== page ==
So Gibbs texted me one day, inviting me to join a dinner date with 2 other bloggers. One was Anthony, a closeted gay guy (majority of his blog readers do not know he’s as fairy as the Fairy Godmother), and the other was Mira, a fine lady of regal bearing, and belonging to the senior citizenry. At first I thought it was such an awkward mix, but boy was I wrong!
Like a diesel engine, the dinner conversation started cold and for the first several minutes, I was just listening to the three bloggers talk about many varied things. Until I felt the need to spruce the conversation up a bit. I focused on Mira, and asked, “Since you’re from a different generation, I am very interested to hear your thoughts on gay people.”
Then she most carefully said, “One of my sons is gay.”
I knew from then on that the conversation just shifted to high emotional gear. And it was not just for her, but for me as well.
After an almost apologetic confession about her feeling of disappointment when she learned that his son was gay, she followed it up with the explanation that the source of such disappointment was her motherly concern for his well-being. She said that the world, however liberated it has become, is still cruel to gay people. She cited one concrete incident where her son was discriminated on in the university where he studied. It became a formal discrimination case in the university; fortunately, Mira and her sonâ€™s side won. “I really worry for his happiness.”
Not without excited prodding from Gibbs and myself, Mira continued to share how she learned that her son was gay. “When he was in high school, I asked him point-blank, ‘Anak, are you gay?’ to which he replied, ‘I don’t know, Ma.’ Had he denied it, I would have been more suspicious; but his ‘I don’t know’ gave me some hope that maybe it was really just a phase.”
But was it? “During his college years, he introduced me to a friend of his. They were very close, too close in my opinion. Then I saw among his things a letter from this friend — too sweet for being ‘just friends’ so I thought that it may not be just a phase after all.”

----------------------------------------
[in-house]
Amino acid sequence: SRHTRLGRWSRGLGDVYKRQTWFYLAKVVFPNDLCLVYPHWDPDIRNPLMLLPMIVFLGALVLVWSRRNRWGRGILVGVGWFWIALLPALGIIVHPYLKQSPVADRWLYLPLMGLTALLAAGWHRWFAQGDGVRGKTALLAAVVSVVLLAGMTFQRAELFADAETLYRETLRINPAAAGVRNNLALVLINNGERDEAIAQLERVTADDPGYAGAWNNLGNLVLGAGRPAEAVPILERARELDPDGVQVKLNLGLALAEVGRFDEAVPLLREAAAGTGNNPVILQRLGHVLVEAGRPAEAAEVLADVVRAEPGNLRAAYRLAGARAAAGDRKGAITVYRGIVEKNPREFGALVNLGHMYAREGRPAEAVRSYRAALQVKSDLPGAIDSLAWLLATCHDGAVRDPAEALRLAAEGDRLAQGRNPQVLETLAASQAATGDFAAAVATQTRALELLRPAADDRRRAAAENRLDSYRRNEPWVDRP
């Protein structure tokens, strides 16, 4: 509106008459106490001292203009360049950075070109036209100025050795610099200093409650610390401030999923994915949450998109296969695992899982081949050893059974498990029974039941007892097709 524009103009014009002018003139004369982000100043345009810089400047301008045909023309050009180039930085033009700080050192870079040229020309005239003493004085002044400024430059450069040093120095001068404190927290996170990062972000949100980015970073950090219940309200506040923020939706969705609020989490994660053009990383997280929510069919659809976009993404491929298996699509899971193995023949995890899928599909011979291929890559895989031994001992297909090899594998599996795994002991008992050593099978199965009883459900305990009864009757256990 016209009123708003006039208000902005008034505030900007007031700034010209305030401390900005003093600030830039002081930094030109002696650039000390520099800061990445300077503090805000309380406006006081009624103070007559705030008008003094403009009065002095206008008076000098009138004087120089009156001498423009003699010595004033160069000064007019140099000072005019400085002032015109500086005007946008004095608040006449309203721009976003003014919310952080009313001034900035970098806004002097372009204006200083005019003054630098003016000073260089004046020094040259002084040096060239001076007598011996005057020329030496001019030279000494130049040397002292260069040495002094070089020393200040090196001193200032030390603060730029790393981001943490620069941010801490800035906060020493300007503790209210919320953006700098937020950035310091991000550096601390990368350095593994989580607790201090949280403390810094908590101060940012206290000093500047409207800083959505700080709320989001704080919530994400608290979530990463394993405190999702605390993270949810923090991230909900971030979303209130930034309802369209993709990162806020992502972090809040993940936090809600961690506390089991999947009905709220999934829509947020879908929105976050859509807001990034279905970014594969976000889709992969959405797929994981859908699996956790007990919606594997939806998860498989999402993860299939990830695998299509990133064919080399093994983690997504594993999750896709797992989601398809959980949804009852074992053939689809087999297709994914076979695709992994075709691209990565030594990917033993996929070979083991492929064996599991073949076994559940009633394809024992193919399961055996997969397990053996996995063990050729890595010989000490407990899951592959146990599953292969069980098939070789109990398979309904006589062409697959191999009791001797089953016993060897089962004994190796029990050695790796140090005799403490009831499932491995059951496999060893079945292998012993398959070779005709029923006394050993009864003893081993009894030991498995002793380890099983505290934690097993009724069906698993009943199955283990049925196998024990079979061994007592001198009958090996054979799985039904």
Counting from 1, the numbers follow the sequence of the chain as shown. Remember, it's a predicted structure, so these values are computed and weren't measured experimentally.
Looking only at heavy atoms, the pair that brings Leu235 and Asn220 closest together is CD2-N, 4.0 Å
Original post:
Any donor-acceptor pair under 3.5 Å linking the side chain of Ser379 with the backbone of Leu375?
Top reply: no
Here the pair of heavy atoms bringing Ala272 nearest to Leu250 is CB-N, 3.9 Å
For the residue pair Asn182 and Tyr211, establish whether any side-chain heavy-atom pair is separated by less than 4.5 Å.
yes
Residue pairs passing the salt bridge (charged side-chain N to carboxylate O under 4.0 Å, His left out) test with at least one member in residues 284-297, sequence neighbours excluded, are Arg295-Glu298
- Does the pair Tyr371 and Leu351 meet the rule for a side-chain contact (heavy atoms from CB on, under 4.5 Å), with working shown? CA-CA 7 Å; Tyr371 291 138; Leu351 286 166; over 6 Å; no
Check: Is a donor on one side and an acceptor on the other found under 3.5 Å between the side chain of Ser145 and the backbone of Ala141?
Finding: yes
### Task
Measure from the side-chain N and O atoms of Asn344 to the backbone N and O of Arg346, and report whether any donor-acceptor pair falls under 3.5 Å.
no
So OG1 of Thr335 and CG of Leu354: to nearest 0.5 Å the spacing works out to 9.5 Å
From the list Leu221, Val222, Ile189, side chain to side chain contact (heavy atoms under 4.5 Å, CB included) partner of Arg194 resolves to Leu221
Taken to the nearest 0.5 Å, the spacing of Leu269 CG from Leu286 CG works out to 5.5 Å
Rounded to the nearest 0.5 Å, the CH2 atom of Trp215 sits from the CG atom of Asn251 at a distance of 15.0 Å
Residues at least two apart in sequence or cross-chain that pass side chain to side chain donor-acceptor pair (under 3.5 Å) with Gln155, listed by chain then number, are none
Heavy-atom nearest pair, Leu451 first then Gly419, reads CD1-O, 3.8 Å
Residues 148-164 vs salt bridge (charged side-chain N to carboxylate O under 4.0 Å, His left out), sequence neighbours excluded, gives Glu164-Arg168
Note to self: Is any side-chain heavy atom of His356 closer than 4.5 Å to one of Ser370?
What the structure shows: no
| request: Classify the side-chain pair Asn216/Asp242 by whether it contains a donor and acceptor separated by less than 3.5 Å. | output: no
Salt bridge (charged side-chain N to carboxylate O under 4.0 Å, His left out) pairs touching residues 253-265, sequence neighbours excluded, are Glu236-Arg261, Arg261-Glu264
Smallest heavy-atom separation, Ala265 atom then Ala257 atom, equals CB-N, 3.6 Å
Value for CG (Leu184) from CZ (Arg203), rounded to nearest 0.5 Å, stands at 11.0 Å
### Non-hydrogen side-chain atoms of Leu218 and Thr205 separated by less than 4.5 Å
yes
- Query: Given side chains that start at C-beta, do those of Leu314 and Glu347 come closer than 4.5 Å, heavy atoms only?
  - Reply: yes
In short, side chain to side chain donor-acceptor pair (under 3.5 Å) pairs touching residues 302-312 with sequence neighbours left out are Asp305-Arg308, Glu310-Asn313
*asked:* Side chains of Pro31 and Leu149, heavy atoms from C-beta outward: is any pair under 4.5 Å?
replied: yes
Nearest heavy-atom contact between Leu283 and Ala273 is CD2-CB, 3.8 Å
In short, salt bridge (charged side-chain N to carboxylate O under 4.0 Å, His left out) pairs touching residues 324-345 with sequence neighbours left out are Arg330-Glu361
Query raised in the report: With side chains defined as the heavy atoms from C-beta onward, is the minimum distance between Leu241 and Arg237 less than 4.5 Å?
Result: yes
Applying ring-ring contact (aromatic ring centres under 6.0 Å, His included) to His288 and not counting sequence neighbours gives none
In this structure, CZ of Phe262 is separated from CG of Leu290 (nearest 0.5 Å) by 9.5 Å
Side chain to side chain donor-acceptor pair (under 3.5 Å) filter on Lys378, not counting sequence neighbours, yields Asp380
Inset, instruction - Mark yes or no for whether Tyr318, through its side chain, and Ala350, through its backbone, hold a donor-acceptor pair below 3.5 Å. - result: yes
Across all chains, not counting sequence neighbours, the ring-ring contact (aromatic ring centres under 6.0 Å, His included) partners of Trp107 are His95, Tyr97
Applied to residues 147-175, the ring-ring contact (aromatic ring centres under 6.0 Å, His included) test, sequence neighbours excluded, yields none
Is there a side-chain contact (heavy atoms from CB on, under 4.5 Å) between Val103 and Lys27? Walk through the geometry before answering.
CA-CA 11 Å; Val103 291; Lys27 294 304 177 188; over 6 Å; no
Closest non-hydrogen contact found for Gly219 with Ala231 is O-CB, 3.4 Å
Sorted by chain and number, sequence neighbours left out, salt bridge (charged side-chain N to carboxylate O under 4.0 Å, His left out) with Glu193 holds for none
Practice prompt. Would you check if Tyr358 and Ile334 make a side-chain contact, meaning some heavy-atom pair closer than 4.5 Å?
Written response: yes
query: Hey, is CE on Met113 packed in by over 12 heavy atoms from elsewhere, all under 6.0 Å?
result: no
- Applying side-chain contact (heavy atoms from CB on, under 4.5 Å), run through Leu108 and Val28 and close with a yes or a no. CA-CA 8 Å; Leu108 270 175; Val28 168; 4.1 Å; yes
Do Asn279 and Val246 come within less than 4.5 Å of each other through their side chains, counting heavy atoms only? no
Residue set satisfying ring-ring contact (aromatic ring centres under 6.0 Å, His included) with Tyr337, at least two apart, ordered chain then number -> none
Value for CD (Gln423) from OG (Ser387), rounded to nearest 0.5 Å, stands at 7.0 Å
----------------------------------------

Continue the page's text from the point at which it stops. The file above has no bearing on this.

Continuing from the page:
“Since he was young, I would repeatedly tell him, ‘Anak, you are my best product.’ So when he finally came out to me, confirming my long-time suspicion, he asked me: ‘Ma, am I still your best product?’”
This is where I, after listening very intently to Mira, finally was not able to hold back my tears. I remembered my mom whom I love so very dearly. She, like Mira to his son, told me since I was young, that I was her best product. I get embarrassed whenever she tells everyone, relatives and her friends, how I took on from her my natural smarts, confident bearing, and amiable attitude. As Mira continued talking, I saw my Mom in her person, and thought to myself, she may be going through the same internal struggles and unnecessary worry. (I am not out to Mommy and to the rest of our family, but I am sure they know.) I emphatically told Mira, as I would imagine telling my mom, she shouldn’t be worrying too much. Mom’s done a hell of a great job in raising me up as a good and able person — that I am confident I can hack whatever discrimination or cruelty comes my way. What is important to me is to relieve my mom of her unnecessary worry.
And as the evening of insightful conversation with my fellow bloggers came to a close, it left me with a lingering question. Should I come out to Mommy? Would it actually help in relieving her of her worries about me?
Possibly Related Entries:
- For our next podcast: Coming Out
- Podcast: Coming Out, part 2
- Be True, Be the Extraordinary You
- Podcast: Coming Out, part 1
- Podcast: Coming Out, part 3
- Wet Christian Bautista + Tidbits
- Roxxxanne’s Troika
- Podcast: a new series coming up!